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Money Life with Chuck Jaffe

Markets and Investing

Money Life with Chuck Jaffe is leading the way in business and financial radio. The Money Life Podcast is a daily personal finance talk show, Monday through Friday sorting through the financial clutter every day to bring you the information you need to lead the MoneyLife.


Groton, MA


Money Life with Chuck Jaffe is leading the way in business and financial radio. The Money Life Podcast is a daily personal finance talk show, Monday through Friday sorting through the financial clutter every day to bring you the information you need to lead the MoneyLife.




245 Reedy Meadow Road Groton, MA 01450 (774) 262-0949


Axel Merk: Market has more downside risk than upside potential now

Axel Merk, president and chief investment officer of the Merk Funds and Merk Investments, says that "higher for longer is not a strategy," which means that the Federal Reserve is setting up investors for a longer-lasting fallout than investors expect now. As a result, Merk says that the downside risk of the market right now is much greater than the upside potential now. Jeff Bishop of Raging Bull and Bullseye Trades sees the market as taking a small setback before the start of a Santa Claus rally that carries into the New Year, portending a strong year ahead for the market in 2024. Plus, Mike Taggart, closed-end fund specialist at Aberdeen, says that discounts in closed-end funds are "overplayed," and that investors who focus instead on income will likely be happier with the long-term outcome from their investments, and Patrick Healey, president of Caliber Financial Partners, talks stocks in the Market Call.


Blackrock's Jacobs: The next phase for AI investing will lead the way in 2024

Jay Jacobs, U.S. Head of Thematic and Active Equity ETFs at BlackRock, says in The Big Interview that artificial intelligence will move from the early stage where people are investing because they love the concept into its commercialization phase where investors are attracted by the profits as they see new technologies emerge and start to take hold in 2024. Among his other investment themes for the year ahead, medical innovation, which he also expects to be helped along by the use of AI. Also on the show, Tom Lydon, vice chairman at VettaFi looks at what's glittering now with his ETF of the Week, Will Hansen of the Plan Sponsor Council of America discusses the group’s 66th Annual Survey of Profit Sharing and 401(k) Plans, which shows that Americans' have cut back on savings with the end of pandemic-driven stimulus dollars, and Amber Fairbanks of Impax Asset Management -- co-manager of the firm's new Global Social Leaders fund -- talks stocks in the Market Call.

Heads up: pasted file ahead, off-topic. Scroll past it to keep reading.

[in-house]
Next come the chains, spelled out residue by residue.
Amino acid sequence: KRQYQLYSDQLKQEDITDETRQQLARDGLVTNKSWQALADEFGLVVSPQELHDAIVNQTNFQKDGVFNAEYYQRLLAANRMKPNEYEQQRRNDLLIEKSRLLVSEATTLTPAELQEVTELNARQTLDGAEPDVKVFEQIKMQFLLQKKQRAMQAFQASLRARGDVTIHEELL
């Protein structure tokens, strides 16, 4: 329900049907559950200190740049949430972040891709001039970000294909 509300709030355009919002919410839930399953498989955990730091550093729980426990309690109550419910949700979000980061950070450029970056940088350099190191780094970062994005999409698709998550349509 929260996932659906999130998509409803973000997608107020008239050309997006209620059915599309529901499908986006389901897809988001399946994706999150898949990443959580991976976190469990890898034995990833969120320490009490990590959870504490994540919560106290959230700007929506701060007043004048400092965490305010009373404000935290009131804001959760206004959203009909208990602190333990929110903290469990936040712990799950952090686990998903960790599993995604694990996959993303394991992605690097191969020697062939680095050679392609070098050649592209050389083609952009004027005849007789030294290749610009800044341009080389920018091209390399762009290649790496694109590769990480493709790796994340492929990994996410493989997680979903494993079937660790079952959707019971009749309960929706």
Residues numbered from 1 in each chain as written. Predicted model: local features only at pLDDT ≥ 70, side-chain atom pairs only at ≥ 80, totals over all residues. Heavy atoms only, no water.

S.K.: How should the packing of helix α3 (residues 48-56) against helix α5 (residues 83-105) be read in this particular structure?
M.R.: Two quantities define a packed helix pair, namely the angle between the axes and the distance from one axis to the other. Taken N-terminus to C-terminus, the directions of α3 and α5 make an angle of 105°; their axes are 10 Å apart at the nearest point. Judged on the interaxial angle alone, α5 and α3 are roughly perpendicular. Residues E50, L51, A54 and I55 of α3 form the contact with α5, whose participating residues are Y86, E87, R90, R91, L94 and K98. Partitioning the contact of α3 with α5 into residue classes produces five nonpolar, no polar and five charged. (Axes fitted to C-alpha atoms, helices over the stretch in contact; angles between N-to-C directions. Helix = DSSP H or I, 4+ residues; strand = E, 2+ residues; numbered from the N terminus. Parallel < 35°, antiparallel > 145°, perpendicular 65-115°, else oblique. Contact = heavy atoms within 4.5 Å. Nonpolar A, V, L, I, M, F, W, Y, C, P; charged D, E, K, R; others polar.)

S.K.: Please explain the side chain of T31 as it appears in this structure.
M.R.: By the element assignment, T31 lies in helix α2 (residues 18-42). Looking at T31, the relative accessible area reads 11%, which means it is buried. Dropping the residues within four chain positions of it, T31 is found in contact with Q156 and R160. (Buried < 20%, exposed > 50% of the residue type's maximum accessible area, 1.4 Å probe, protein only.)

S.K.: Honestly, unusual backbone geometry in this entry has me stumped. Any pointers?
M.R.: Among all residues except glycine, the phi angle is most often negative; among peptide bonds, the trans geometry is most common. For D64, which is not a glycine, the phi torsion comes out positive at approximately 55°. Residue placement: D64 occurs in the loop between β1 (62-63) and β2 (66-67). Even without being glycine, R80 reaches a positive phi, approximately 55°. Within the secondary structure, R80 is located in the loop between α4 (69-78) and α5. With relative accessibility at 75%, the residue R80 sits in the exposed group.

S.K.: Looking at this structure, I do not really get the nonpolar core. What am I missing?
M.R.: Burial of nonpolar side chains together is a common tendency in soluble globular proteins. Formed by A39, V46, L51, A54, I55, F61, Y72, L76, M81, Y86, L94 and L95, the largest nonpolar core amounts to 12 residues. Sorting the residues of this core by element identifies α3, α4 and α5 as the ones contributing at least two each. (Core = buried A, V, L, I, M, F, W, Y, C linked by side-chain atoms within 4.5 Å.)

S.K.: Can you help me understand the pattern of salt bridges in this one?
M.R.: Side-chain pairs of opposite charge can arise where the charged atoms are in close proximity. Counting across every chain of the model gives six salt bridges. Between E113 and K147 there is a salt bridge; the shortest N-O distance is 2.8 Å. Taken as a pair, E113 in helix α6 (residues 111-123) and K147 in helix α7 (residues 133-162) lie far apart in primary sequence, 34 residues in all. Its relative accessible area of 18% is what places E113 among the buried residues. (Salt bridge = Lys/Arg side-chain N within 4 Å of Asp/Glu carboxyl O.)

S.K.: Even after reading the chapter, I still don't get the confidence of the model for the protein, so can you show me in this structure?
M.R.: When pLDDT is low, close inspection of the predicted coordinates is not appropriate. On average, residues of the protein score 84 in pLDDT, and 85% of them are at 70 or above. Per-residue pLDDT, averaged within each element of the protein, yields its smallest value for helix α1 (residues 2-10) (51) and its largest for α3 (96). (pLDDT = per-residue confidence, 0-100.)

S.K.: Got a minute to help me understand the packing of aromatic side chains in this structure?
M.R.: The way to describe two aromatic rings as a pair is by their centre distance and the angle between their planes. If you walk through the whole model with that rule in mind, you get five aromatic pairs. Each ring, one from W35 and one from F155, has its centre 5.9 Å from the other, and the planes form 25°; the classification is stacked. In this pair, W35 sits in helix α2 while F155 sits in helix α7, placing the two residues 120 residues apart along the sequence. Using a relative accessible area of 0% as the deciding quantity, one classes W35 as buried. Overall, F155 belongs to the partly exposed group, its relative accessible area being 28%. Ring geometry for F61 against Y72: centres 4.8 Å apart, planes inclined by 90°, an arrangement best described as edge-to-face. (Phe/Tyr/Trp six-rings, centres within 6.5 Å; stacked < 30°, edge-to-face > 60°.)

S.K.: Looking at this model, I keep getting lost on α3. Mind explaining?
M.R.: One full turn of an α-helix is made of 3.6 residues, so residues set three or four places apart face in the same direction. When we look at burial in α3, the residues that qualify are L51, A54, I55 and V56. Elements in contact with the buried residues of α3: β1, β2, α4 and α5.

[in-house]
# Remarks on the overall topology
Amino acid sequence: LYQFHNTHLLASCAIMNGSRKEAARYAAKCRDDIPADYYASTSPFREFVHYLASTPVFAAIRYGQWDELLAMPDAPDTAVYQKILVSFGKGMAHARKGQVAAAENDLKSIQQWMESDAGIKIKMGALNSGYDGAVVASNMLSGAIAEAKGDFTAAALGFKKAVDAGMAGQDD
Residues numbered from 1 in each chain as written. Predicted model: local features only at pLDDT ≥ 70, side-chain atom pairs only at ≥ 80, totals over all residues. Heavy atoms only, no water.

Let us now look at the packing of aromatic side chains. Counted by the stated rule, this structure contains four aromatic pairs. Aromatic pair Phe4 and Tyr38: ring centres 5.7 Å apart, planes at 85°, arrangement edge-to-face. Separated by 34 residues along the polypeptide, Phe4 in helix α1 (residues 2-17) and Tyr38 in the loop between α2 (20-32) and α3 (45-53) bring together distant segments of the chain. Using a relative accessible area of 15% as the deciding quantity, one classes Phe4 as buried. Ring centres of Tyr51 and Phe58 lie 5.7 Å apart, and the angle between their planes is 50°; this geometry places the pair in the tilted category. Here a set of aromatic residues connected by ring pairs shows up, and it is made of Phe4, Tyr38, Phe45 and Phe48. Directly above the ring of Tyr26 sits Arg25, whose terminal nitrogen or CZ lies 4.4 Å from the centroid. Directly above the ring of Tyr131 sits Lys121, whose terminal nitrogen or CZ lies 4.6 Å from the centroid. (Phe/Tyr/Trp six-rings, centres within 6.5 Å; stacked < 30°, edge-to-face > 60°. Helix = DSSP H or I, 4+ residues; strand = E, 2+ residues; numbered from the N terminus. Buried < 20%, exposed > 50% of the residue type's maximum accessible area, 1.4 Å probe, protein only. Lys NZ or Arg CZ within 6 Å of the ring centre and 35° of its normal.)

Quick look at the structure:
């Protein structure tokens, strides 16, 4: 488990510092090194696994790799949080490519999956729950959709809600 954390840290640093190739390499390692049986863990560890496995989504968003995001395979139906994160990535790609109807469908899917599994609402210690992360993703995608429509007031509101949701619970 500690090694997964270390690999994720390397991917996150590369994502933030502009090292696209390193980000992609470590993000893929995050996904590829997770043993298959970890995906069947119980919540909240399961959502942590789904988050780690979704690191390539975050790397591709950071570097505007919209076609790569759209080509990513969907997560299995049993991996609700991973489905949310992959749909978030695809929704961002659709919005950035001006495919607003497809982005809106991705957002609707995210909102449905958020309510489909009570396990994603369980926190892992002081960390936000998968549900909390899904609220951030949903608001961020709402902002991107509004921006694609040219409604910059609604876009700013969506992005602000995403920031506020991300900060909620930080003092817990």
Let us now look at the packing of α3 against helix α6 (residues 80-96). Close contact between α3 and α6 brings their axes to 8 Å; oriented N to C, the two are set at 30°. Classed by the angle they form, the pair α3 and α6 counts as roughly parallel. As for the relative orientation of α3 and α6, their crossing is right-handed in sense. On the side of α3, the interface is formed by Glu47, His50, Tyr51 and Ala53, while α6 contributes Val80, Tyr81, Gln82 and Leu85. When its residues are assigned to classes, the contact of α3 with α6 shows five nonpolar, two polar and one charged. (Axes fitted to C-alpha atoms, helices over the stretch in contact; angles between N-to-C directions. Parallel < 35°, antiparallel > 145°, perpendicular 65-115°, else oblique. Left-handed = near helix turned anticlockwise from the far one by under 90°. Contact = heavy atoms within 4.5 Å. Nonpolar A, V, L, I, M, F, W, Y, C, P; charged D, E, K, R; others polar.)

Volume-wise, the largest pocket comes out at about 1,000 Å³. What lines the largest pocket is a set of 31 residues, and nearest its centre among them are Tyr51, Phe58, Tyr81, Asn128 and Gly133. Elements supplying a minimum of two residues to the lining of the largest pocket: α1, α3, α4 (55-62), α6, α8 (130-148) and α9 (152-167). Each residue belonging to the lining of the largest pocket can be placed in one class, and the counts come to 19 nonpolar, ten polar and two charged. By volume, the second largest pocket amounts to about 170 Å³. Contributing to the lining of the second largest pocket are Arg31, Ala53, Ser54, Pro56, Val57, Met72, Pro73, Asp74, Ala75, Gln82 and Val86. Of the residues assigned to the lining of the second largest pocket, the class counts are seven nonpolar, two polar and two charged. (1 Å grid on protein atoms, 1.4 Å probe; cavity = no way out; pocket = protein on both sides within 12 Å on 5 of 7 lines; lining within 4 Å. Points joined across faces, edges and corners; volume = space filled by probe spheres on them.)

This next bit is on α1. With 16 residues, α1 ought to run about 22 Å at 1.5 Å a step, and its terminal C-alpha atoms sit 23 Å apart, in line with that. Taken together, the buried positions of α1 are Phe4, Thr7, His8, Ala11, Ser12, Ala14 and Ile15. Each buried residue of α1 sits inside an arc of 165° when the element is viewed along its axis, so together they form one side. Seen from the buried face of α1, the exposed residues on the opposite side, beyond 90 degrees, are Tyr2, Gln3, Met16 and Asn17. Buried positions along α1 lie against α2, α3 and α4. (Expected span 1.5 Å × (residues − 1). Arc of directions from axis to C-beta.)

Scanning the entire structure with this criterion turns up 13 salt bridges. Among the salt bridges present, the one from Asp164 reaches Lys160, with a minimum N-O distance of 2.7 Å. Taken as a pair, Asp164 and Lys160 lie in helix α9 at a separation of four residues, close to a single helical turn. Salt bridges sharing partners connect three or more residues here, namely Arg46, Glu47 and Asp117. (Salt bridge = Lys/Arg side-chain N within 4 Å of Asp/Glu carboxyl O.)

Regions' McKnight says any recession in '24 will be minor and 'garden-variety'

Alan McKnight, chief investment officer at Regions Asset Management, sees a series of rolling recession hitting certain sectors and industries in 2024, but does not see a broad-based, classic and deep recession akin to one triggered by the Great Financial Crisis of 2008. He's not alone in suggesting the economy can escape next year without a recession, as Charlie Bobrinskoy, vice chairman at Ariel Investments says in the Market Call that he believes the stock market and economy are strong enough to put off a widespread and meaningful downturn for another year. Plus, the show starts with Jamila Soufrant, discussing her new book "Your Journey to Financial Freedom: A Step-by-Step Guide to Achieving Wealth and Happiness" and she offers some advice for listeners, no matter where they are on their own journey toward financial independence.


Tocqueville's Petrides: Outside the 'Magnificent 7', stocks look attractive

John Petrides, portfolio manager at Tocqueville Asset Management, says that both stocks and bonds are relatively cheap right now, noting that if you back out the companies that have led the market this year -- the so-called "Magnificent Seven" -- stocks are trading at about 14 times earnings, which is a discount to where the market has been since the 1950s. Petrides says the biggest issues for 2024 will be whether the Federal Reserve can stick the landing without throwing the economy into recession and the outcome of the presidential election, but he doesn't think either of those will necessarily derail the market, with trouble more likely to arrive later in the year. Also on the show, Robin Saks Frankel discusses a recent USA Today Blueprint study showing that parents are supporting adult children to the tune of $718, on average, per month, long-time options trader Tony Saliba of Liquid Mercury makes his debut on the show talking technical analysis, and Todd Rosenbluth, head of research at VettaFi, talks ETFs in the Market Call.